In regard to benign fasciculations (still dont know how to spell that), unfortunately there is no way to determine what the "problem" is because the symtoms are benign. Many of us here continue to search for answers but the truth is that the twitches themselves are harmless...but just very annoying.

I do hope you feel better soon. Try to hang in there with all this stuff, because you WILL start to feel better as time goes on. You're in good company here because we've all been through this stuff and we're on the road to feeling 100%.

--David
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David & Kim

Postby Katie on March 24th, 2003, 9:54 pm

Thanks to the two of you -- I am feeling more relieved about everything tonight.
Katie
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Postby Arron on March 25th, 2003, 12:09 pm

Katie, relax girl. 6 months of twitching is a long time considering that twitches are a SECONDARY symptom of ALS. Twitches in ALS occur for one reason and one reason only, dying (or denervation of the) tissue. Besides, twitches from ALS are NOT even close to the type of twitches you get when you have BFS.

If you presented with twitches 6 months ago, which would mean that if it was ALS, it would have already had a strong-hold in your system by then, and you have no loss of muscle control or weakness as of yet, it is a pretty good chance it is nothing other than BFS. I say "pretty good" because it could be Fibromyalgia (also benign), BCFS (BFS with cramps), etc. It certainly doesn't sound like ALS at all.

Keep this in mind. Most doctors (GP's) will never even see a case of ALS. They only know what they are taught in college, and what they were taught was that twitches could be a sign of ALS, so they just don't know any better.

BFS is kind of new as far as terminology goes and you have to consider the facts. The world is getting smaller and smaller. Information is readily available at the click of a mouse, so we have MUCH more access to medical information than we did jus a few years ago. With that, you also have to consider this; we ALL twitch at one point or another in our lives, have they ever scared you before? No. 99% of the people on this and many other forums will tell you (me included) that the twitches NEVER scared them UNTIL they looked in a book or on the internet and found-out (although misleading information) that twitches can be a sign of ALS. THEN, and pretty much ONLY then, is when people freak-out. So in the past, no one knew enough to be scared.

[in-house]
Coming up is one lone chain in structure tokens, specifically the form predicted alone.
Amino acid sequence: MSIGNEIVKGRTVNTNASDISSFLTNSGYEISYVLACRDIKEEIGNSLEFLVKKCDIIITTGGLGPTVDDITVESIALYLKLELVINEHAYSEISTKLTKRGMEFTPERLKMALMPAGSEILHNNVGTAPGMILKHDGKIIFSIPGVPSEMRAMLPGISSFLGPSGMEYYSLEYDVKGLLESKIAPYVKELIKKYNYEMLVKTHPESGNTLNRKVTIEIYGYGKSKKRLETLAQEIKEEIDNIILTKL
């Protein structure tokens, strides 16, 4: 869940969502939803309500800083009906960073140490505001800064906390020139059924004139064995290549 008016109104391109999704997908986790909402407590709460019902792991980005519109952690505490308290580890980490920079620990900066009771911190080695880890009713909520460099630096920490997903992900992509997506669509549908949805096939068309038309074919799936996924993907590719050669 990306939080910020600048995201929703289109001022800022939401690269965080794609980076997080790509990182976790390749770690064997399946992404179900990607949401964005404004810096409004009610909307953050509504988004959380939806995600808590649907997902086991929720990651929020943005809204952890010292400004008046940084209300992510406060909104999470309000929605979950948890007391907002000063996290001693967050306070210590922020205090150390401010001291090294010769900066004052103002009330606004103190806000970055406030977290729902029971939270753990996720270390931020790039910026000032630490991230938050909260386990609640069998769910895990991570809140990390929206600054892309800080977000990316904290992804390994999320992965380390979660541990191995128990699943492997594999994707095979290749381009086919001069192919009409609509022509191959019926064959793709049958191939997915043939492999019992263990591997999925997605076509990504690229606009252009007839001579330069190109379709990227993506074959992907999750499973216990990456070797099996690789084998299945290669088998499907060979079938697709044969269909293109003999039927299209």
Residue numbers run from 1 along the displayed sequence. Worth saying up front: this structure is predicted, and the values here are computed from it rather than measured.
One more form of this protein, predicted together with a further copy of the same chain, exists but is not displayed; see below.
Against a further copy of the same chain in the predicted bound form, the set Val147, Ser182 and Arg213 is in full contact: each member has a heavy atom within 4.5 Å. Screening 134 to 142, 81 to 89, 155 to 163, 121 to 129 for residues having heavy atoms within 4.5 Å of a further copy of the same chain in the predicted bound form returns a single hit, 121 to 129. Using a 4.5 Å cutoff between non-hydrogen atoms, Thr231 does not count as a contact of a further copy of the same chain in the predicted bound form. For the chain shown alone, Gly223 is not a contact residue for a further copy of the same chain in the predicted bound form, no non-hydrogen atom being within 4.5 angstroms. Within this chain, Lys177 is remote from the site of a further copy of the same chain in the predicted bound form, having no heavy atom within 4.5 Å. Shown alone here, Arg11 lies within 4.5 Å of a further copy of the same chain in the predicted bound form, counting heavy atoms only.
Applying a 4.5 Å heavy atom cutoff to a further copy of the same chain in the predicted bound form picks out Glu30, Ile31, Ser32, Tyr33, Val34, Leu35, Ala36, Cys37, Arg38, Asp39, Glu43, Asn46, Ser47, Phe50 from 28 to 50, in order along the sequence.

So what I am getting at here is simple, BFS isn't new at all. It has been around for decades and probably since time began. It's only recently that people are becoming aware of it because of the ALS scare factor involved. If no one was misinformed that twitches could mean ALS, then none of us would even need to be on discussion boards like this. After all, it isn;t the twitches themselves that are scary, it's the fact that we were told (or read somewhere) that twitches could be ALS.

My own doctor buddies had never even heard of BFS before and I have about 8 of them that I shoot sporting clays with, golf, fish and so on with, BUT, some of them said they had a couple of patients that had these constant twitches with no weakness but neither of them knew what the heck it was, except that it was benign. These buddies of mine were smart enough and compassionate enough to keep calm (not blurt out ALS too hastily) and make sure there was no weakness associated with these twitches and whan there were no signs of any serious condition, they just told their patients to not worry about it, KNOWING it wasn't ALS, because with ALS, there is ALWAYS weakness, loss of muscle control and loss of coordination, after all, that's what the disease is all about in the first place, NOT twitching. The twitching is a SECONDARY symptom of ALS, NOT a primary symptom. Just like a sore throat is a secondary symptom of the flu, but that's not what causes the flu. A virus causes the flu... well... twitches certainly don't "cause" ALS and just like a sore throat. It is a "symptom" of an underlying problem, BUT without weakness or any of the serious MAIN symptoms of ALS, it is a benign underlying problem. As of yet, no one has figured-out what the underlying problem is that causes BFS, but in reality... who cares? It is benign! let the medical community research other more serious things that we could get rather than chasing something down that isn't going to do any serious harm.